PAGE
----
The COVID-19 pandemic has accelerated many trends that have been gathering force slowly.
The pandemic transformed the tense competition between the US and China into a nascent Cold War. To isolate China, US President Donald Trump has proposed expanding the annual G-7 summit to include South Korea, along with Australia, India, Russia, and possibly Brazil. The goal of the strategy is to surround China with major powers that cooperate on global economic issues.
South Korea’s participation in the expanded summit would symbolize its rise to the ranks of the world’s most influential nations. It already participates in the larger G-20 forum, but the expanded G-7 is a more elite club. In a phone call with President Trump earlier this week, President Moon Jae-in agreed to accept Trump’s invitation to join the larger group.
Trump is facing an increasingly difficult race for reelection against former Vice President Joe Biden, the presumptive Democratic nominee, so this year may be his last meeting.
Conventional wisdom in South Korea has it that Trump would be reelected as other presidents have in recent years.
During the pandemic, Biden was holed up in his Delaware home and tried to be relevant with occasional media appearances from his basement, but he largely went ignored. Despite the serious economic fallout, Trump appears to have a slight advantage in the race as the economy is expected to recover beginning this fall.
The nationwide protests in response to the murder of George Floyd by a Minneapolis police officer changed the dynamics of the race. Trump turned to his classic playbook of creating divisions to rally his base, but this time it backfired on him as protests raged on. Biden now has the edge as Trump appears incapable of dealing with the crises in front of him. With Trump’s chances fading, it is time to think about what a Biden presidency would mean for South Korea.
Born in 1943, Joe Biden graduated from college in 1965 just before the anti-Vietnam War movement swept university campuses. At heart, he favors an activist foreign policy based on engagement and multilateralism.
Biden would thus move quickly to depart from Trump’s unilateral and isolationist polies by reaching out to traditional allies in Europe and Asia. He would also restore US participation in international organizations such as the World Health Organization and the Paris Agreement on climate change.
Dealing with China will be Biden’s greatest challenge. His bias toward engagement will drive him to negotiate even at the risk of appearing “soft on China.” Biden would like nothing more than to engage with China and appear as a peacemaker with China.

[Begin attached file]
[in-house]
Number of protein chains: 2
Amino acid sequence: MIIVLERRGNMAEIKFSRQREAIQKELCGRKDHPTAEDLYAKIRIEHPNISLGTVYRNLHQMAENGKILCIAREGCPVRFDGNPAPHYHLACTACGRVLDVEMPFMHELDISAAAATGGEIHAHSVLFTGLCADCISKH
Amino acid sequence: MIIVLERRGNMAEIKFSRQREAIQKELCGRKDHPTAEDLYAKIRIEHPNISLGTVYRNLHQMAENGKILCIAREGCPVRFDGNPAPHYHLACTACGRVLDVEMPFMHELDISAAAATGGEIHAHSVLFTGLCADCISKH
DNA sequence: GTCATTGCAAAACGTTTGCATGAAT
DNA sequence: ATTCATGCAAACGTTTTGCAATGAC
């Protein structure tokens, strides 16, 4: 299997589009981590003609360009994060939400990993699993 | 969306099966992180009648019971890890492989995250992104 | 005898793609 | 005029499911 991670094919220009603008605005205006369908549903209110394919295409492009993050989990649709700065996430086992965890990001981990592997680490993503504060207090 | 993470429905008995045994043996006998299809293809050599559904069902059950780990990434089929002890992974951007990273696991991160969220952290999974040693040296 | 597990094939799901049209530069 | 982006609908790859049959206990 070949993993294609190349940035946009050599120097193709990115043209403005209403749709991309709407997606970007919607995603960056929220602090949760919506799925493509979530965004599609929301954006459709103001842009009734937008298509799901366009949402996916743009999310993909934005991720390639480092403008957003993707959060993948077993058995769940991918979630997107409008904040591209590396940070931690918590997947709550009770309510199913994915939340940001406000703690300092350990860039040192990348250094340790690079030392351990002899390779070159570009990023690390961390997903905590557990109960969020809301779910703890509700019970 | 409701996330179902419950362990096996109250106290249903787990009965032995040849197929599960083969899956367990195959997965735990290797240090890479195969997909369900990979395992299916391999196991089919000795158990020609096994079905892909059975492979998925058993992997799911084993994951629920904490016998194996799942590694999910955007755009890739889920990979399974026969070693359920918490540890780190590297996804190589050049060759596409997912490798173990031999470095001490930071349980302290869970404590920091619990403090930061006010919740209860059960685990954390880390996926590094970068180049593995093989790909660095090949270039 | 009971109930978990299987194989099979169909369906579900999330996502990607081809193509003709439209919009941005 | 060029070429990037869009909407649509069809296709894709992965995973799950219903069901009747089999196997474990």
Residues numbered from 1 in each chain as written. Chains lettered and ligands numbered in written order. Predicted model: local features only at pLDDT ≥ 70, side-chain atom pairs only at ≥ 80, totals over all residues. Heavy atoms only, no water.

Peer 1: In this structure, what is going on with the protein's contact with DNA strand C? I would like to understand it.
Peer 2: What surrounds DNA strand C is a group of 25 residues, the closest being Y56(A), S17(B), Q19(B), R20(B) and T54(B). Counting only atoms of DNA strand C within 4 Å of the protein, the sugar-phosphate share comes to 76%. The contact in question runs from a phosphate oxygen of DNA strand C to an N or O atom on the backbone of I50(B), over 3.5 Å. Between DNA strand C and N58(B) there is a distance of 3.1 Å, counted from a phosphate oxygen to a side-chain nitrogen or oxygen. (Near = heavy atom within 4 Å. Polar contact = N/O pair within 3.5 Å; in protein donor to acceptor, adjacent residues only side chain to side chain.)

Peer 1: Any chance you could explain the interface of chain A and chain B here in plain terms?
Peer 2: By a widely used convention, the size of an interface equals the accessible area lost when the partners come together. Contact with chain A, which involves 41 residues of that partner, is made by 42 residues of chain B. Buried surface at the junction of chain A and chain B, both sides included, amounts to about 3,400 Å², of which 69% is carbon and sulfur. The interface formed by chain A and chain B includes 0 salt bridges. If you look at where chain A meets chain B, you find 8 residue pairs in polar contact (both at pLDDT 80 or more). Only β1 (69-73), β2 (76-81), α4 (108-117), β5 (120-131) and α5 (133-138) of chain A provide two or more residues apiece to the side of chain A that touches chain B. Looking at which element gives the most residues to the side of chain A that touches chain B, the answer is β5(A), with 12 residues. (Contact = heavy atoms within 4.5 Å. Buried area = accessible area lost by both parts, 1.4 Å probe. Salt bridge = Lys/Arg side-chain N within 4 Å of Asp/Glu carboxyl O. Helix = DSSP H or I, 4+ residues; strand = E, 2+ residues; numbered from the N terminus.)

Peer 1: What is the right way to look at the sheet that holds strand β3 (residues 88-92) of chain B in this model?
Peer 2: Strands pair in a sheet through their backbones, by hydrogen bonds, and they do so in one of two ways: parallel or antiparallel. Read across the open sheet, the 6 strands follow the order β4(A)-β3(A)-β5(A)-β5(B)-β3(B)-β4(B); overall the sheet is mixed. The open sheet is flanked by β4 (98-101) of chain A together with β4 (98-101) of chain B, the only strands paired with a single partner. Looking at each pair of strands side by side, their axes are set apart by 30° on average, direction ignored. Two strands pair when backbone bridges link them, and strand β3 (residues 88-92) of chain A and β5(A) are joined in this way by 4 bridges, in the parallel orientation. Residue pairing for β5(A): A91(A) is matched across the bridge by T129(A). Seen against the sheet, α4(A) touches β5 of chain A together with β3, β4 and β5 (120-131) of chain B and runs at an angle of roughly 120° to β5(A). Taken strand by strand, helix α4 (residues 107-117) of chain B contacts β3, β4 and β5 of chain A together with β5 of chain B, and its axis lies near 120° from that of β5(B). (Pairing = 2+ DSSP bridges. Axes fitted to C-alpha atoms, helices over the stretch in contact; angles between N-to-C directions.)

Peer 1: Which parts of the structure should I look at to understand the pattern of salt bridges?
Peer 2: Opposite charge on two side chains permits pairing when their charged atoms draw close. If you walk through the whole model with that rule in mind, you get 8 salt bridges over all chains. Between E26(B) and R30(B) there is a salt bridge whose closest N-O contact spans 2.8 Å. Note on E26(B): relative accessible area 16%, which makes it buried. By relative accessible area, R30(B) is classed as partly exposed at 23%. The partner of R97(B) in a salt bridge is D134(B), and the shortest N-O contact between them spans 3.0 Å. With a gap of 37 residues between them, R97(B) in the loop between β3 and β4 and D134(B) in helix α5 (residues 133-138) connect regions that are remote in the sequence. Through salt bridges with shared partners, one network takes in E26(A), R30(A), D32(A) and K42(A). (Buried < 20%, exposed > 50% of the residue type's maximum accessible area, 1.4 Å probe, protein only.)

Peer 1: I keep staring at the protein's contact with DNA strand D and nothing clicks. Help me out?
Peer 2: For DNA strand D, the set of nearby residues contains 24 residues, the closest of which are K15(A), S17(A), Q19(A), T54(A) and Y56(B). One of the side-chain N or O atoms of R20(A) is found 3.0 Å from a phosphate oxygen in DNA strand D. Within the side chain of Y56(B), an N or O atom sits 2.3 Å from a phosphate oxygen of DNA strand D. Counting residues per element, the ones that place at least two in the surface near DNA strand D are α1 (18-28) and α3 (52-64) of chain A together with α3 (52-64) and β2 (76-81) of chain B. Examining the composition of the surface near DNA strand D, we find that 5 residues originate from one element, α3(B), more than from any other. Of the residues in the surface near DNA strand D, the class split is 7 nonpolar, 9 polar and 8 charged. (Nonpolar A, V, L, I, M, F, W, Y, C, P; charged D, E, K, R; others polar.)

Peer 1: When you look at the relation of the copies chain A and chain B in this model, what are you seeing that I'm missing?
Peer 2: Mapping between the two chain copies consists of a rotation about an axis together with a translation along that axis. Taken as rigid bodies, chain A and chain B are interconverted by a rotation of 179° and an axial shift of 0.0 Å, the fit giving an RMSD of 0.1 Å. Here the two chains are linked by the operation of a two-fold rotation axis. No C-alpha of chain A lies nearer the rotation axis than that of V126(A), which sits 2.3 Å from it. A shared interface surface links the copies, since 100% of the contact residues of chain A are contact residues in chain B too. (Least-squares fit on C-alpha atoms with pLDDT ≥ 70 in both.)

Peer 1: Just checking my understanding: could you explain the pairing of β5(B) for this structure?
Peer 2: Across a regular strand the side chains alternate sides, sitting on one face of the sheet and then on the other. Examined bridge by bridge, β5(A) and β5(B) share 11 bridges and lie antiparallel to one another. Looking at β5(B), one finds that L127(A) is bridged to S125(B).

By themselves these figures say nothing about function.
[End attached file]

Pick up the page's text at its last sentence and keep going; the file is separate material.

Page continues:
The problem for Biden is the economic recovery in US and China. If the US economy recovers well, tensions with China will lessen naturally. If the recovery is slow, however, frustrations could easily turn China into a scapegoat. If the Chinese economy recovers well, then China may be less willing to engage with the US, but if the recovery is slow, it may be more willing to engage.
The dynamic between the US and China is one of a declining and a rising great power. The US has been dominant since World War I, but particularly since World War II. The stunning growth of China in the 21st century has put it in the position to challenge US dominance. Most great powers do not give up dominance easily, and the US is no exception. This explains the appeal of Trump’s strident rhetoric.
For South Korea, the changing power dynamics between the two countries poses problems. The US’ decline is not an absolute decline, but relative. Whatever happens, the US will remain an important ally of South Korea even as a rising China demands more attention. In some quarters, holding on to an American-centric outlook will remain strong, whereas in others, the desire to embrace China will grow. South Korea needs to walk a fine line between these two stances, both of which make loud arguments through sympathetic media.
By 2035, only 15 years from now, the power dynamics between the US and China may not matter much because India will be close to overtaking the US in overall GDP and succeed in doing so by 2040.
The declining-power-rising-power dynamics will then be between China and India. At that point, the US should be able to join South Korea in walking a fine line between the competing powers. For South Korea, then, a Joe Biden presidency would be a transitional period from an America-first foreign policy to at multilateral one based on more equal partnership.
Robert J. Fouser
Robert J. Fouser, a former associate professor of Korean language education at Seoul National University, writes on Korea from Pawtucket, Rhode Island. He can be reached at firstname.lastname@example.org. -- Ed.